Monday, April 30, 2012

Give it Some Air!

I am well overdue for a new entry! Here in Denmark, days without wind are fairly rare and having been brought up in Canada far from the coast, I must say that wind is not exactly my favorite of Mother Nature's games! So when I woke up today to a calm and sunny morning, I knew I just HAD to spend some time in the yard. I started by making breakfast and took it with me outside and sat on our "new'ish" sun terrace. I say new'ish, because the terrace itself has probably been there since the house was built (early 80's), but when we moved in (2010), it was surrounded by plants, bushes, overgrown this and that... and really was just a spider corner. So before I move on with my outdoor day, let me share with you the changes we have made lately.

We had been using the corner as a dump when renovating parts of of the house and it really was not pretty. So this year, my husband and I decided to reclaim that space. It is situated in the corner of the yard that receives the most sun. It was just a total shame that we were unable to sit there and enjoy it!

Notice all the shrubs and small trees where I'm standing and to my front-right.
Summer 2010 
So my husband and I started clearing everything up. I was dreaming of all the plants I could have there. I even managed to keep some spots for flower beds. (I had to negotiate, as my husband would put grass all over! hehehe)

We now have a new place to sit and enjoy the sun. That's where I was sitting this morning for breakfast, and it was absolutely lovely! I can't wait for the weather to be sure enough so I can put some life in the pots and flowerbeds!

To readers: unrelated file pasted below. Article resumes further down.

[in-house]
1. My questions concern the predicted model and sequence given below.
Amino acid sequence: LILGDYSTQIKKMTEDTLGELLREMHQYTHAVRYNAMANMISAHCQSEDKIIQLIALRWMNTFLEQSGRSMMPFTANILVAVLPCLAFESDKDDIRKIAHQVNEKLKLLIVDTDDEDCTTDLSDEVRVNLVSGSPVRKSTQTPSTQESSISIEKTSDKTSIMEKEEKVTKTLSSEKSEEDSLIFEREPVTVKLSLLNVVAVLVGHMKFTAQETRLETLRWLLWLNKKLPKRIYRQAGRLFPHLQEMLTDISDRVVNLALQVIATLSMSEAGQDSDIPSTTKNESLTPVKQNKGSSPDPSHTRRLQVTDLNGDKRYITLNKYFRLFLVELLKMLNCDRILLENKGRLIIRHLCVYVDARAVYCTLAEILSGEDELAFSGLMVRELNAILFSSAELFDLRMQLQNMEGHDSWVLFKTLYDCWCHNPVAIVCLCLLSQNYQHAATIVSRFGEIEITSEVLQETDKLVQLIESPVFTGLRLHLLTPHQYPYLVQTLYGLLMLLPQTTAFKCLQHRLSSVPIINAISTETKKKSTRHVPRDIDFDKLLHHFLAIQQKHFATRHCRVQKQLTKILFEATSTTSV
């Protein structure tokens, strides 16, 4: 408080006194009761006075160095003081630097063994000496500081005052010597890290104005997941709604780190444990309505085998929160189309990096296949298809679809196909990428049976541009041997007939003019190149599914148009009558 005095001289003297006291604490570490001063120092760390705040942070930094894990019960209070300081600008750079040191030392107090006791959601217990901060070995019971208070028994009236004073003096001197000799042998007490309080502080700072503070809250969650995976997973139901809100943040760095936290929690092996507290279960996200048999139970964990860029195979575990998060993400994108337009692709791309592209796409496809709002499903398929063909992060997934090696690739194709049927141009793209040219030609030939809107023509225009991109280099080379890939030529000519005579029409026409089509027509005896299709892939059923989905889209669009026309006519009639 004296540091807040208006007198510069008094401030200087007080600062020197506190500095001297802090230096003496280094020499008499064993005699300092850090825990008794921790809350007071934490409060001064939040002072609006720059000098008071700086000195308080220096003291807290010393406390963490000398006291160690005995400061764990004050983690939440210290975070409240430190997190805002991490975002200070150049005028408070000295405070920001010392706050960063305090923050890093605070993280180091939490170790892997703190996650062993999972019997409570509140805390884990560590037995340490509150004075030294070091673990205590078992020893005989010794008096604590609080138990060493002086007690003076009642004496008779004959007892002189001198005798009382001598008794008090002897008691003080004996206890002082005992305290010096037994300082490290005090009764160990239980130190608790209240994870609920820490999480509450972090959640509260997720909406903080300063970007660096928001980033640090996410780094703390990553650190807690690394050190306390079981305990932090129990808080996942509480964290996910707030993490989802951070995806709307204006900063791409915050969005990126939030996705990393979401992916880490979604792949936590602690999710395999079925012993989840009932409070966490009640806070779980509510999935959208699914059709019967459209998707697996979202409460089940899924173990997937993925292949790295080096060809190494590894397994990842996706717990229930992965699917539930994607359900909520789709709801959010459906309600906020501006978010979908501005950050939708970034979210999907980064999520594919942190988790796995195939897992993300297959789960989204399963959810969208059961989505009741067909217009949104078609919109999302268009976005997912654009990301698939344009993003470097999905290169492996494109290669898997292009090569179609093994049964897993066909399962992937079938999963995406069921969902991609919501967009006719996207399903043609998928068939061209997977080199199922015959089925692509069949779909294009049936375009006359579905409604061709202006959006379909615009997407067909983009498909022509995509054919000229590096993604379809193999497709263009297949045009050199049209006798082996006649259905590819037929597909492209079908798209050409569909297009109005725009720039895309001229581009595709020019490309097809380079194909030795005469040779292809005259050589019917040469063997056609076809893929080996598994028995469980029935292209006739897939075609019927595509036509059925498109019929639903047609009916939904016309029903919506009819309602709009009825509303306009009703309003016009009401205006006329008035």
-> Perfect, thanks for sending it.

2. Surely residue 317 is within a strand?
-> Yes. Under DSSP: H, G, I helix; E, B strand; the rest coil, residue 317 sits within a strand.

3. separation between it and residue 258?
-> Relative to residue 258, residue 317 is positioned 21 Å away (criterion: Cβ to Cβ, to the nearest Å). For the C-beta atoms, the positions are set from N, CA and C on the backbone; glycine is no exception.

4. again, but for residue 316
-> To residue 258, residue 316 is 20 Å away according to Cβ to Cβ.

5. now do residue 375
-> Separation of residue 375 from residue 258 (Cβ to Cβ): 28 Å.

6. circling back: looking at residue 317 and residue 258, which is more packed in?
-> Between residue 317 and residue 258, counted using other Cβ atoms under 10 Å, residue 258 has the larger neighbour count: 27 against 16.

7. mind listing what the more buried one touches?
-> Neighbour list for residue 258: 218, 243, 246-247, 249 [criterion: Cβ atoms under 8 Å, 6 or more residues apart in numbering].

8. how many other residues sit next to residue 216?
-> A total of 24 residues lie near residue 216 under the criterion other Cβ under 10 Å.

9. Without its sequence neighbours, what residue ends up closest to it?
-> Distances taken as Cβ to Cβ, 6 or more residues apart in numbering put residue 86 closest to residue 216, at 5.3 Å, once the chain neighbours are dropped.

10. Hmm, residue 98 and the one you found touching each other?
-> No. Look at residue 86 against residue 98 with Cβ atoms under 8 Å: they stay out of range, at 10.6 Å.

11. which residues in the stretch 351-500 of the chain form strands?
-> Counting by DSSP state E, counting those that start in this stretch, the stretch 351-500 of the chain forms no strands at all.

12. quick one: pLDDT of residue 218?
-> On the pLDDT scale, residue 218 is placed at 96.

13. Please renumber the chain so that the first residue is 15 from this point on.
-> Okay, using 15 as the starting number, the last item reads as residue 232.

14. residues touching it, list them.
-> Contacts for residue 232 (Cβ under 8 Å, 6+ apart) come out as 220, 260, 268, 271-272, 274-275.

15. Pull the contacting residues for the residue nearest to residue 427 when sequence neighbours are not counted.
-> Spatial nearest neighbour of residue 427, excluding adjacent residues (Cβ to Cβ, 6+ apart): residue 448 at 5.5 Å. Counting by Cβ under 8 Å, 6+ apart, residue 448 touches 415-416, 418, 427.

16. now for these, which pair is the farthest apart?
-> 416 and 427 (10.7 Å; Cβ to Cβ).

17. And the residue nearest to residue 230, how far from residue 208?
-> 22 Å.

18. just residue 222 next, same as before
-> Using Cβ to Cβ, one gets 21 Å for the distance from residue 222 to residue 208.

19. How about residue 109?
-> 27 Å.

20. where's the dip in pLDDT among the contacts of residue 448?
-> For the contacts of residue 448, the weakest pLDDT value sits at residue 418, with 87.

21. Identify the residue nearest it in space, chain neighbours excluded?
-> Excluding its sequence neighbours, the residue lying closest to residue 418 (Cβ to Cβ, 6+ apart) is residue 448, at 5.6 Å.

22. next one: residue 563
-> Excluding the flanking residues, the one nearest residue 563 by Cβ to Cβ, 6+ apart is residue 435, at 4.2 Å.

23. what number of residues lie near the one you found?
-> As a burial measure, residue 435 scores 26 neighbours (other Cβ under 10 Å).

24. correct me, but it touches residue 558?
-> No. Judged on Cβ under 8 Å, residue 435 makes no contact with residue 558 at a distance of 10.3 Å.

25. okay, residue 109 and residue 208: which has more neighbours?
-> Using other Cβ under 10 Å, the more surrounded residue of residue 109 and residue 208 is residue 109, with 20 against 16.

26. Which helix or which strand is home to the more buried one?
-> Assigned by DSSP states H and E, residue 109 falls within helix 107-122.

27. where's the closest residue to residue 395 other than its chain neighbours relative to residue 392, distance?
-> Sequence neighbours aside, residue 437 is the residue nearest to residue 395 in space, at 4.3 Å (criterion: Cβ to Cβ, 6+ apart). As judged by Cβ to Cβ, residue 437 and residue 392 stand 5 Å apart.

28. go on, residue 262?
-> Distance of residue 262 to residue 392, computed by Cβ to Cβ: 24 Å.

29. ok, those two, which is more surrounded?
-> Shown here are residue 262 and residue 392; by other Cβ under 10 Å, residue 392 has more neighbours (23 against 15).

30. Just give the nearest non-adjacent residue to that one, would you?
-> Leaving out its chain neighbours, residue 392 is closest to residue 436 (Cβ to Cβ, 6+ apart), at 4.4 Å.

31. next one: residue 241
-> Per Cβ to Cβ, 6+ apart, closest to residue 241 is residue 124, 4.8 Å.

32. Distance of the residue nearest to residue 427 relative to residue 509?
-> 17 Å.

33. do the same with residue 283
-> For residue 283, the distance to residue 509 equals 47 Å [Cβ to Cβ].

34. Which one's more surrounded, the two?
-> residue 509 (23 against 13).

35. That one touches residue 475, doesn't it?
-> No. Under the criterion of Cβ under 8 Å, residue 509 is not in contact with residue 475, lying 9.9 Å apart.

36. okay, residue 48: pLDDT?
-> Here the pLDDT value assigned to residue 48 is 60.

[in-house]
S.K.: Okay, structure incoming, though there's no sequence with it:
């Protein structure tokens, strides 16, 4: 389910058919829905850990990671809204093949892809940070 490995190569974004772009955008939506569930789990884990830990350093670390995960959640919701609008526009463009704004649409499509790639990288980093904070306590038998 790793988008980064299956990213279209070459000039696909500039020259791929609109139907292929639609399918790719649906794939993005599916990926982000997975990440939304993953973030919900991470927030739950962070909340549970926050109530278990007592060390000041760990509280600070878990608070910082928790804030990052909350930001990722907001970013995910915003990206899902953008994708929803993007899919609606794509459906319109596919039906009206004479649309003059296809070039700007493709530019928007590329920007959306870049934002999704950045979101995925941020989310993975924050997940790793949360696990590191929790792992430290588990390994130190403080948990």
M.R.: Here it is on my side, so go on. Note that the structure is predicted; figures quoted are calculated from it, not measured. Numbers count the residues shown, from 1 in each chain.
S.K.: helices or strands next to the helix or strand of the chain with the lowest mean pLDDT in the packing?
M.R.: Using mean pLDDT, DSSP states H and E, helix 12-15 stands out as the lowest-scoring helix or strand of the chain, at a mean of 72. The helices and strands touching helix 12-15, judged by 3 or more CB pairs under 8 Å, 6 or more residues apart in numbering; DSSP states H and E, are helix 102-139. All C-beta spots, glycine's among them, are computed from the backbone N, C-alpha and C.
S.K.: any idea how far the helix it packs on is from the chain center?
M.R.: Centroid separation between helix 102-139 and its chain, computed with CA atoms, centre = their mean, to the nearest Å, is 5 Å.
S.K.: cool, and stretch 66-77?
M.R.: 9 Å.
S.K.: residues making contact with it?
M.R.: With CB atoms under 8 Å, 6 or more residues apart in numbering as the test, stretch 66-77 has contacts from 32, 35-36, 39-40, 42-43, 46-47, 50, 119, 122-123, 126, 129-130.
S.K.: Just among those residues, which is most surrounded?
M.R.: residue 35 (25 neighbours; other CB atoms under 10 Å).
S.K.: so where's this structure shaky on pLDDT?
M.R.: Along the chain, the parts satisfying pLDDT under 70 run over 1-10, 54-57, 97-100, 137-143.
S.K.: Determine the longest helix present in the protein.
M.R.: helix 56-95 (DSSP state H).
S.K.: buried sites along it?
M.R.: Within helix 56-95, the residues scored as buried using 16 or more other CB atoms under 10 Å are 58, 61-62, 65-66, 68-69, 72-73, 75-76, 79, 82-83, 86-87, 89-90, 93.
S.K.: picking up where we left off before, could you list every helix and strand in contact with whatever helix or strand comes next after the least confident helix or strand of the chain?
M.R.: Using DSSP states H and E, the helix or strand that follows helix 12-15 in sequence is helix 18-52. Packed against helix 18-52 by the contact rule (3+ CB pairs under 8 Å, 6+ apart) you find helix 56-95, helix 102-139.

April 30, 2012
April 30, 2012

As you can see, the fence to the main terrace has also been modified (last year). Everything was just so "locked in" everywhere. We needed to give it some air! The yard seems so much bigger and more appealing now. I can't wait to see it with more flowers and plants!

Now on to sorting out the front yard! It is in serious need of attention...

Tuesday, April 17, 2012

No Nail Compost Bin

We have a backyard and we have the space. Why not build a compost bin? So that is exactly what my husband and I did. There's a lot of garden / yard waste that can end up in a compost bin and eventually become nice rich soil that can be used in gardening projects. :) Grass, dead leaves, small branches, wilted flowers ... cat poo. (because Tiana thinks it's normal for a cat to poo in the middle of the lawn as opposed to the flower beds like all the other cats).

Anyways... So my husband took out his tools and installed a workstation and on we went with the plans. We wanted a bin that doesn't require any nails and is easy to put together and take apart. We also wanted to have an easy way to add to it if we eventually want it a little higher. We chose to use larch wood, because it is resistant to rot, even when in constant contact with the ground. 

Each panel is 115 cm long. We cut gaps in each end of it, as to create an easy lock-in-place system.